September CPI printed in line with our expectations, at 5.1% y/y from 4.8% in August, and gained 0.5% m/m. The jump above 5% was largely anticipated by the market given the 67c increase in the fuel price last month. Petrol jumped 12.2% y/y from 5.7% the previous month, while transport increased 5.6% y/y from 3.9% in August.
Food and non-alcoholic beverage inflation moderated to 5.4% y/y, with bread and cereal prices contracting -2.8%. Meat prices, which rose 15.6%, continue to climb, and the outbreak of avian flu could push out the peak by a few months. Housing and utilities inflation expanded 4.9% y/y from 4.5% in August, with both actual rental prices increasing 5.7%. We expect the above 5% print to be temporary owing to base effects, and expect October CPI to dip just below the 5% level. Overall, weak economic growth, low consumer and business confidence and stretched consumers means there is simply not enough demand to spur inflation higher.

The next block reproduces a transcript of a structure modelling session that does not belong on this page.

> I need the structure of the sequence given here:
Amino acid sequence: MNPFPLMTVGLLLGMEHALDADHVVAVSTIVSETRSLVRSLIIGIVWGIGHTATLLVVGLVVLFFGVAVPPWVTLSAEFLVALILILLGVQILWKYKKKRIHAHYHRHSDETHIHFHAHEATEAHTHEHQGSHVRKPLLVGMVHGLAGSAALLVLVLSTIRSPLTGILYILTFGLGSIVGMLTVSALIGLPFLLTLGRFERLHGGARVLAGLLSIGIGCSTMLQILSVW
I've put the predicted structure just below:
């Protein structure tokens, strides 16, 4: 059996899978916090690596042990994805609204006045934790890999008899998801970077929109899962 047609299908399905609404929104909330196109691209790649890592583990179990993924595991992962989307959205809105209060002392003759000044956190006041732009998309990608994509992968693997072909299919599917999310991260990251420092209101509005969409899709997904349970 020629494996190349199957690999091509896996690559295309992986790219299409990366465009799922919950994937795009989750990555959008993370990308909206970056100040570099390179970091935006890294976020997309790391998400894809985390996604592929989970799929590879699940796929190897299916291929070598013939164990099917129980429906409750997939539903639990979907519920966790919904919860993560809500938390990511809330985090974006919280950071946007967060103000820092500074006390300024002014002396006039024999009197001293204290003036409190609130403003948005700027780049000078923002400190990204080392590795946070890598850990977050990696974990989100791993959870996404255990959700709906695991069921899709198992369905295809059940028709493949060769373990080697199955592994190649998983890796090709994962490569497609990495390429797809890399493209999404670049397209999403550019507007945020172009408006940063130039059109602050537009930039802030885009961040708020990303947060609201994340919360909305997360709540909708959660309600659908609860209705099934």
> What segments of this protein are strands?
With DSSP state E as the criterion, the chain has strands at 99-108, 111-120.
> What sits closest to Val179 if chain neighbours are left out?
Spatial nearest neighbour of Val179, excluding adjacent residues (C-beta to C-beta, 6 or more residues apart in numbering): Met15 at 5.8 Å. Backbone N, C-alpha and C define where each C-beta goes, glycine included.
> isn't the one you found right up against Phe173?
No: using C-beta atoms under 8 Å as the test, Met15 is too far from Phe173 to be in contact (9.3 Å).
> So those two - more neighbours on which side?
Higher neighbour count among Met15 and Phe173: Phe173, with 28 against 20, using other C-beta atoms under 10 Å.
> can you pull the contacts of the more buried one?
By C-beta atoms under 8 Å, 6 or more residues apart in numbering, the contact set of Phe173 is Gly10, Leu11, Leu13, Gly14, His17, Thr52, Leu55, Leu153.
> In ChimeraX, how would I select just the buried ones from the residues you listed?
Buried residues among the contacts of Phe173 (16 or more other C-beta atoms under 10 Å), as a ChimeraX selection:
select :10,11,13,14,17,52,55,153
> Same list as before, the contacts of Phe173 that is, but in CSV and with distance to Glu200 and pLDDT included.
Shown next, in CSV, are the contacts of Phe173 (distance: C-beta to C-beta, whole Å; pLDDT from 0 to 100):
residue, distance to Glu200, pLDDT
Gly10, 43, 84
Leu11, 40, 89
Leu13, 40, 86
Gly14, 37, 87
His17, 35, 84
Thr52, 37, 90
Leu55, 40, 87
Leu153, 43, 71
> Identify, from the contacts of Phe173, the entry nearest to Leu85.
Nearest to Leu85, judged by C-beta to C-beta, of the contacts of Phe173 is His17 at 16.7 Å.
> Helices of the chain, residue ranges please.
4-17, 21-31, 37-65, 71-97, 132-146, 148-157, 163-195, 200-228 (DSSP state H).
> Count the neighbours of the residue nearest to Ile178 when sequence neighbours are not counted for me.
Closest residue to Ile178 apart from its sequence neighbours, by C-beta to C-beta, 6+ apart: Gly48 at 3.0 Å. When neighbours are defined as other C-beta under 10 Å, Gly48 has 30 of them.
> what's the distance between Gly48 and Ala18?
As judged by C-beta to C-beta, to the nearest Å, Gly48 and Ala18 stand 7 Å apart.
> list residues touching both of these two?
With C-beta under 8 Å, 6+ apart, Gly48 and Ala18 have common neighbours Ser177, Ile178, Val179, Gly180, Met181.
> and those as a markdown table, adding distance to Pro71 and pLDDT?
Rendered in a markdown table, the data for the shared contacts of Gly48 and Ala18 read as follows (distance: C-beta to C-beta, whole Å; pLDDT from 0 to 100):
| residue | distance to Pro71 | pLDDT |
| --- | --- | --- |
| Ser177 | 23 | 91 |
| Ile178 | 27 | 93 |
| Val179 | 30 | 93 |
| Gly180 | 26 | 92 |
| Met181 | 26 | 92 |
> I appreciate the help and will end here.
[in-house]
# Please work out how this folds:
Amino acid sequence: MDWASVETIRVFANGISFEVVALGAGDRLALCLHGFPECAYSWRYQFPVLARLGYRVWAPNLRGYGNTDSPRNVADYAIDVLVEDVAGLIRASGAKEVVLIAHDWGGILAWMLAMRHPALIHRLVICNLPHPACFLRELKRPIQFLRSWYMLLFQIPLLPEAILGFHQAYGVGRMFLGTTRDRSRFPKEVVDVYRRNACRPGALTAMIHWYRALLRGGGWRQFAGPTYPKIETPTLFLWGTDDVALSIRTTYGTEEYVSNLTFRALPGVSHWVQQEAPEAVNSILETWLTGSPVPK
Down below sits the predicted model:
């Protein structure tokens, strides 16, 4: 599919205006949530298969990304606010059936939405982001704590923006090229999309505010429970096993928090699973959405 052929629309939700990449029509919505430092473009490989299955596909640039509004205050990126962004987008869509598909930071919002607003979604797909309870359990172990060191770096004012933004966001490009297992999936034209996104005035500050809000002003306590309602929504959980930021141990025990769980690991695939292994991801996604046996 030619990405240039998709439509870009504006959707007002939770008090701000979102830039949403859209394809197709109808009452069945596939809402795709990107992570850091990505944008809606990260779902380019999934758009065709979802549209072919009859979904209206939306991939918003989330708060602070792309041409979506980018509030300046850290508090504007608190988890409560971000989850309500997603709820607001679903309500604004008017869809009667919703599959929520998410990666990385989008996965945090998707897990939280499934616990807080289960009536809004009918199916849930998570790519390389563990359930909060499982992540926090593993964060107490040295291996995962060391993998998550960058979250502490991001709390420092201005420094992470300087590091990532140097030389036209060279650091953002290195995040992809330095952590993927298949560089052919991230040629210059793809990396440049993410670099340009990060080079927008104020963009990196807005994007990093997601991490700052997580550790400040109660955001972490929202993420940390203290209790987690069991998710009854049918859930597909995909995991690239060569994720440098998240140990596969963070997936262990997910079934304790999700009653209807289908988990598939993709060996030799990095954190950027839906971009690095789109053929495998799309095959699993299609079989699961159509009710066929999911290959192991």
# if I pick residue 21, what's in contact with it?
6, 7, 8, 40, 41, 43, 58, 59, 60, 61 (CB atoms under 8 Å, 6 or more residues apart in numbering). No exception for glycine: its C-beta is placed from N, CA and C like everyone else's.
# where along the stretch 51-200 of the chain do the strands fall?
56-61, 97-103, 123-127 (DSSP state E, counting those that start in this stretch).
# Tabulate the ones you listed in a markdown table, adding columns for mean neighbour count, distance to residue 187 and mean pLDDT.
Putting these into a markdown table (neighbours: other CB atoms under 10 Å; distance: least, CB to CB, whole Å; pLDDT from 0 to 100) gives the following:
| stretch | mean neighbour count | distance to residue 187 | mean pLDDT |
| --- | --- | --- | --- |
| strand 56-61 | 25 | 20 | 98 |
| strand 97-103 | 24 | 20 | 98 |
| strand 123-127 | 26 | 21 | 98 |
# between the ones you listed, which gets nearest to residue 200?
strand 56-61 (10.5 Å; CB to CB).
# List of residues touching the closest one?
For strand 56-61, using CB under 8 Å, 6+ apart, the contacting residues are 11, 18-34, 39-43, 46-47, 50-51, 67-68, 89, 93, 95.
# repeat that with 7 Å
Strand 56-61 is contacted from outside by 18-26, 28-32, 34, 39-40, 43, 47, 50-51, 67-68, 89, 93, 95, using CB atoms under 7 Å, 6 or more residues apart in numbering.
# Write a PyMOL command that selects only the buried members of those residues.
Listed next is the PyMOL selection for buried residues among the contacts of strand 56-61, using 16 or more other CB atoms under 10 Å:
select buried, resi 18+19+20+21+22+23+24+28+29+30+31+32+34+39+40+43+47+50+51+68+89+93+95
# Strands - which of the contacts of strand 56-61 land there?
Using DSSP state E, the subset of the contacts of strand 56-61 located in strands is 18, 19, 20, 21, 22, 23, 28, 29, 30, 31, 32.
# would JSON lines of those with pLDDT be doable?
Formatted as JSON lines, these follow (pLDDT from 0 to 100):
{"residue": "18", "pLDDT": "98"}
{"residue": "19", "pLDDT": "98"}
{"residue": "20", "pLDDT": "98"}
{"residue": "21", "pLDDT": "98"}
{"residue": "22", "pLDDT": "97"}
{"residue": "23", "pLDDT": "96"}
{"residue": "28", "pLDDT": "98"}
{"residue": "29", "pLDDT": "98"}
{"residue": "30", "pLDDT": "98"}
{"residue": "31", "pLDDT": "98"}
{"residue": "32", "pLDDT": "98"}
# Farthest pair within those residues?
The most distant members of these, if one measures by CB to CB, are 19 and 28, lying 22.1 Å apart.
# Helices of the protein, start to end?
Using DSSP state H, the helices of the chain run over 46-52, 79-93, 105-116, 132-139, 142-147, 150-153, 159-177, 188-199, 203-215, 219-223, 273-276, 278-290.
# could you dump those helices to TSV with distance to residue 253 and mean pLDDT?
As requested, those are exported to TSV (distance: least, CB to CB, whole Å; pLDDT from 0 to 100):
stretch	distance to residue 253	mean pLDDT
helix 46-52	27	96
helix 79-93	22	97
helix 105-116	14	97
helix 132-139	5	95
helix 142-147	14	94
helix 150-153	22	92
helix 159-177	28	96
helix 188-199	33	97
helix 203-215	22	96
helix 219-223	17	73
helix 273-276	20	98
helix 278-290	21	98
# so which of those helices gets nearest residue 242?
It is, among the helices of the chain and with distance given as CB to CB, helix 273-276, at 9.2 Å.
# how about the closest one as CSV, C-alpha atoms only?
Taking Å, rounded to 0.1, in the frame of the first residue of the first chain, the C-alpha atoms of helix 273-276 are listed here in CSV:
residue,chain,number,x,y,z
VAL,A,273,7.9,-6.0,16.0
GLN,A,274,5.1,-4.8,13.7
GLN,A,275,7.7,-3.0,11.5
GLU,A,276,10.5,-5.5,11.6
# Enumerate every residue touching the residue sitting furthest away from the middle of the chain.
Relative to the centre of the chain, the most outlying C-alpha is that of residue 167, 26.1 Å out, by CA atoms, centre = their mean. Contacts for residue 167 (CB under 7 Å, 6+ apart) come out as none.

Despite core inflation remaining benign at 4.6% y/y, we think the scope for further rate cuts is diminishing, and expect the Reserve Bank to keep rates unchanged at the November MPC. We think it is likely that the bank will wait to let much of the event risk (MTBPS, rating agency assessments, Eskom tariff application, ANC November elective conference) play out before moving on rates, rather than lowering in November only have to reverse the cuts should event outcomes stoke fears of higher inflation.